Having a small brain could increase your chances of being shot – if you’re a bird, at least. According to a new study in the journal Biology Letters, dim-witted birds with tiny brains are less able to escape from hunters before they pull the trigger, which could contribute to avian evolution by ensuring that those lacking in intelligence are killed while those with larger brains survive.
The actual impact of hunting on avian intellect is unlikely to be particularly significant, as only a very small proportion of the world’s birds are killed at the hands of shooters. But the practise could nevertheless have some impact in driving brain size among some populations. However, the study authors stress that they don’t yet have any evidence to suggest that this evolutionary shift is actually occurring.
What they do have, however, is a collection of 3,781 stuffed birds, all of which were brought to Danish taxidermists between 1960 and 2015. Representing 197 different species, the birds were all weighed upon arrival, before having their brains removed and weighed as well.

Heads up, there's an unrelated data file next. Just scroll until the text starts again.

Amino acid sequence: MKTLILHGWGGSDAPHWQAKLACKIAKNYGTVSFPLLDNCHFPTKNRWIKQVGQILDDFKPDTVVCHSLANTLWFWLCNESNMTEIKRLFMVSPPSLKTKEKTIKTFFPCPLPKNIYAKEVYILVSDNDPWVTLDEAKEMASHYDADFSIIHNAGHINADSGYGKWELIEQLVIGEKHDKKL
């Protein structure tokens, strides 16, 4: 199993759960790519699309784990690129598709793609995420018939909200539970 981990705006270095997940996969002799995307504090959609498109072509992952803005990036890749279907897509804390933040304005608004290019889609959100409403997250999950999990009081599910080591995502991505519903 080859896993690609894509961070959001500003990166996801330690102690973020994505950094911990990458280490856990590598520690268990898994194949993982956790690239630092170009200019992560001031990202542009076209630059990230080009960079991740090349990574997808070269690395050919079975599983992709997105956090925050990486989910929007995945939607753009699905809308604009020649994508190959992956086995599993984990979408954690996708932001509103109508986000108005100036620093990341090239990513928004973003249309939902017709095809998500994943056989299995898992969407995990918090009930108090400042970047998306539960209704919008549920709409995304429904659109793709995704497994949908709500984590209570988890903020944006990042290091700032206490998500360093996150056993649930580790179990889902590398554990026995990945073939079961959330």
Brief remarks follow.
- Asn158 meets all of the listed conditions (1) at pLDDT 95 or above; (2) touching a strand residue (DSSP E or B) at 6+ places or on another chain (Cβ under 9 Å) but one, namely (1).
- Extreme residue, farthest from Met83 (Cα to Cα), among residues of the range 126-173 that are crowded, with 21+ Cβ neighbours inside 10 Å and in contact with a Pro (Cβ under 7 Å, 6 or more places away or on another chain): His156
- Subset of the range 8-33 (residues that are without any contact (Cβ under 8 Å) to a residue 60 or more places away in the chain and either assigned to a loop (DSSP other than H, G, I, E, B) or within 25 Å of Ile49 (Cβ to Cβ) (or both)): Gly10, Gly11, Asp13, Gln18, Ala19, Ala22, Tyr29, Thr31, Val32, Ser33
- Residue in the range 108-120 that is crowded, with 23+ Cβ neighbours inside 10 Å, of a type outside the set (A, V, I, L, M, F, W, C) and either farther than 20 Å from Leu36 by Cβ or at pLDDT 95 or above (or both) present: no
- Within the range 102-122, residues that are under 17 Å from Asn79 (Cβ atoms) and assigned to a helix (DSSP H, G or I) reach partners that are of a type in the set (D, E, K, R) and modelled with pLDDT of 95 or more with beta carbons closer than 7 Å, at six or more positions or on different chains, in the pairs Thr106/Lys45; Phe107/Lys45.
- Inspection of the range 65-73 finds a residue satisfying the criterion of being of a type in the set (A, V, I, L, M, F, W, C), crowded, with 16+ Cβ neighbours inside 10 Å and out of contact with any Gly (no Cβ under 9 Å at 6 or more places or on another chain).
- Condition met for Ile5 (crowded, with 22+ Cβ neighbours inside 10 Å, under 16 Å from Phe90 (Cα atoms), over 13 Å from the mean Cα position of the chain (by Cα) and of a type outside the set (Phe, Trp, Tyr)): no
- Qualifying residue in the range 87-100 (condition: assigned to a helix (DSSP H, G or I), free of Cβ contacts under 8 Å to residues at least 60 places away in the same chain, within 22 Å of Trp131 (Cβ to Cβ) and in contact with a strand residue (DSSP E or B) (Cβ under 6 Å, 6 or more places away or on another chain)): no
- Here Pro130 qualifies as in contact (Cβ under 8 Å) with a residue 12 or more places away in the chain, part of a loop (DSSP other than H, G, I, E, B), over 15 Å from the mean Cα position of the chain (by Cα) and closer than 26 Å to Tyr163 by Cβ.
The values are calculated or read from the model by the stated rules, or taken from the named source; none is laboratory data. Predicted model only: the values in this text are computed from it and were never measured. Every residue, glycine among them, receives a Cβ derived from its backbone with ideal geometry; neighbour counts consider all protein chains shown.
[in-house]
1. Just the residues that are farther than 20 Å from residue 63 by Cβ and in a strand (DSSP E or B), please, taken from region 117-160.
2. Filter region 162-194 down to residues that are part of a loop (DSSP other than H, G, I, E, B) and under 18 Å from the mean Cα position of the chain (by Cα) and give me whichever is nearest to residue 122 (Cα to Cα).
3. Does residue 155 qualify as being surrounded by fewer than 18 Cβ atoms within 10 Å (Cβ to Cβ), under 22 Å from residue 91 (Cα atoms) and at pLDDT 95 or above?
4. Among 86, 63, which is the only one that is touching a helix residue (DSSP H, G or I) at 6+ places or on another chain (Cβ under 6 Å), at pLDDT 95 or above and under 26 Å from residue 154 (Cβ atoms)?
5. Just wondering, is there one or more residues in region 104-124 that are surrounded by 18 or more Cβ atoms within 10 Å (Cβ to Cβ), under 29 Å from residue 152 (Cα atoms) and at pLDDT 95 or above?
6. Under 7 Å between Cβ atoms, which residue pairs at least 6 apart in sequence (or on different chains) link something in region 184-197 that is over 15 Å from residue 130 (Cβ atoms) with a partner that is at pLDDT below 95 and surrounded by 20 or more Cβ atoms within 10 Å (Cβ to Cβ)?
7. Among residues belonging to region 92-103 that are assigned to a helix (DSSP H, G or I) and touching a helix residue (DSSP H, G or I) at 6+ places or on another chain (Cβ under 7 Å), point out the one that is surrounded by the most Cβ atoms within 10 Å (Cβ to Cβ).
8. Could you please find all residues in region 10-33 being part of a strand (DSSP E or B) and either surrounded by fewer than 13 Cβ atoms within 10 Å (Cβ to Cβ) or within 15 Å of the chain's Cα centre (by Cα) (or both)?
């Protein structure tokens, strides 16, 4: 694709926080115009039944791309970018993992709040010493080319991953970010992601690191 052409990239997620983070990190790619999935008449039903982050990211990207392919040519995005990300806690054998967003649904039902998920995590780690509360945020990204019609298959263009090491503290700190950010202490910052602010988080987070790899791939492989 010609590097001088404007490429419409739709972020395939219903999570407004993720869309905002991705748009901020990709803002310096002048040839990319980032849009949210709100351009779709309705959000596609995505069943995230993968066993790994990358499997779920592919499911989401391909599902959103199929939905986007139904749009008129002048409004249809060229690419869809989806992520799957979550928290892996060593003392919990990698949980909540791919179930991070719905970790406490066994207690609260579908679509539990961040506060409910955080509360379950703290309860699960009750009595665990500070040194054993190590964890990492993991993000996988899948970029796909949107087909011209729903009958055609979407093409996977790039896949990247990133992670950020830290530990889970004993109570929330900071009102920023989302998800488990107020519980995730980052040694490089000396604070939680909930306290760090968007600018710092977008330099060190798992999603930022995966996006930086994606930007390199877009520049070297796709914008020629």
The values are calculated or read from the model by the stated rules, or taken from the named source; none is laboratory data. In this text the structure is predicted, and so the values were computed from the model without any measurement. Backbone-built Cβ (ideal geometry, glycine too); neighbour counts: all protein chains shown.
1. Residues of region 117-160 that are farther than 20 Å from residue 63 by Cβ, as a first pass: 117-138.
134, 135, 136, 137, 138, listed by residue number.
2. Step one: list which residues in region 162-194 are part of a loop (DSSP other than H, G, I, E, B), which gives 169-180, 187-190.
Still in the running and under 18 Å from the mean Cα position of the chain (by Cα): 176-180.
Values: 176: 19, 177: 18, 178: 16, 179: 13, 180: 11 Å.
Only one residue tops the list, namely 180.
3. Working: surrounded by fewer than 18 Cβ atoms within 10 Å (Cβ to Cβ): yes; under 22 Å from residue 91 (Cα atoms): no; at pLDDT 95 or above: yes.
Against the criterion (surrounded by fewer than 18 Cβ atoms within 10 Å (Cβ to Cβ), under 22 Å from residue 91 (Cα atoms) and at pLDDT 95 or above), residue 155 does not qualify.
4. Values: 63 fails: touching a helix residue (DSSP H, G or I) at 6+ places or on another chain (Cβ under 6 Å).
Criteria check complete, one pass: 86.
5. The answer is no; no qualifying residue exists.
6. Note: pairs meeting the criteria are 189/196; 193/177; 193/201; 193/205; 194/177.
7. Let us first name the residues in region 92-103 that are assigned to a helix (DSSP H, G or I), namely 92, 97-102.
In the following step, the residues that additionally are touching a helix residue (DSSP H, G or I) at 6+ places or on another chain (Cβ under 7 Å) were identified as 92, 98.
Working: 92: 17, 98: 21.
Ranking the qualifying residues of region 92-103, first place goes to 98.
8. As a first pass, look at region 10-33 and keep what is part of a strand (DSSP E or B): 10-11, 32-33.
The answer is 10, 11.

Of these, 299 were killed by hunters, while the rest had all died of other causes. Interestingly, the researchers found a striking connection between brain size and the likelihood of having been shot.
The probability of being shot down was 29 percent for birds with brains weighing 0.23 grams (0.008 ounces), but just 1 percent for birds with brains that weighed 19.96 grams (0.7 ounces). In other words, those with large brains were almost 30 times better at escaping hunters than those with small brains.
While there are a number of possible explanations for this trend, the study authors propose that their findings may be down to the fact that small-brained birds lack the intelligence to recognize that someone holding a gun represents a threat, and may therefore wait longer than brainier birds before flying away.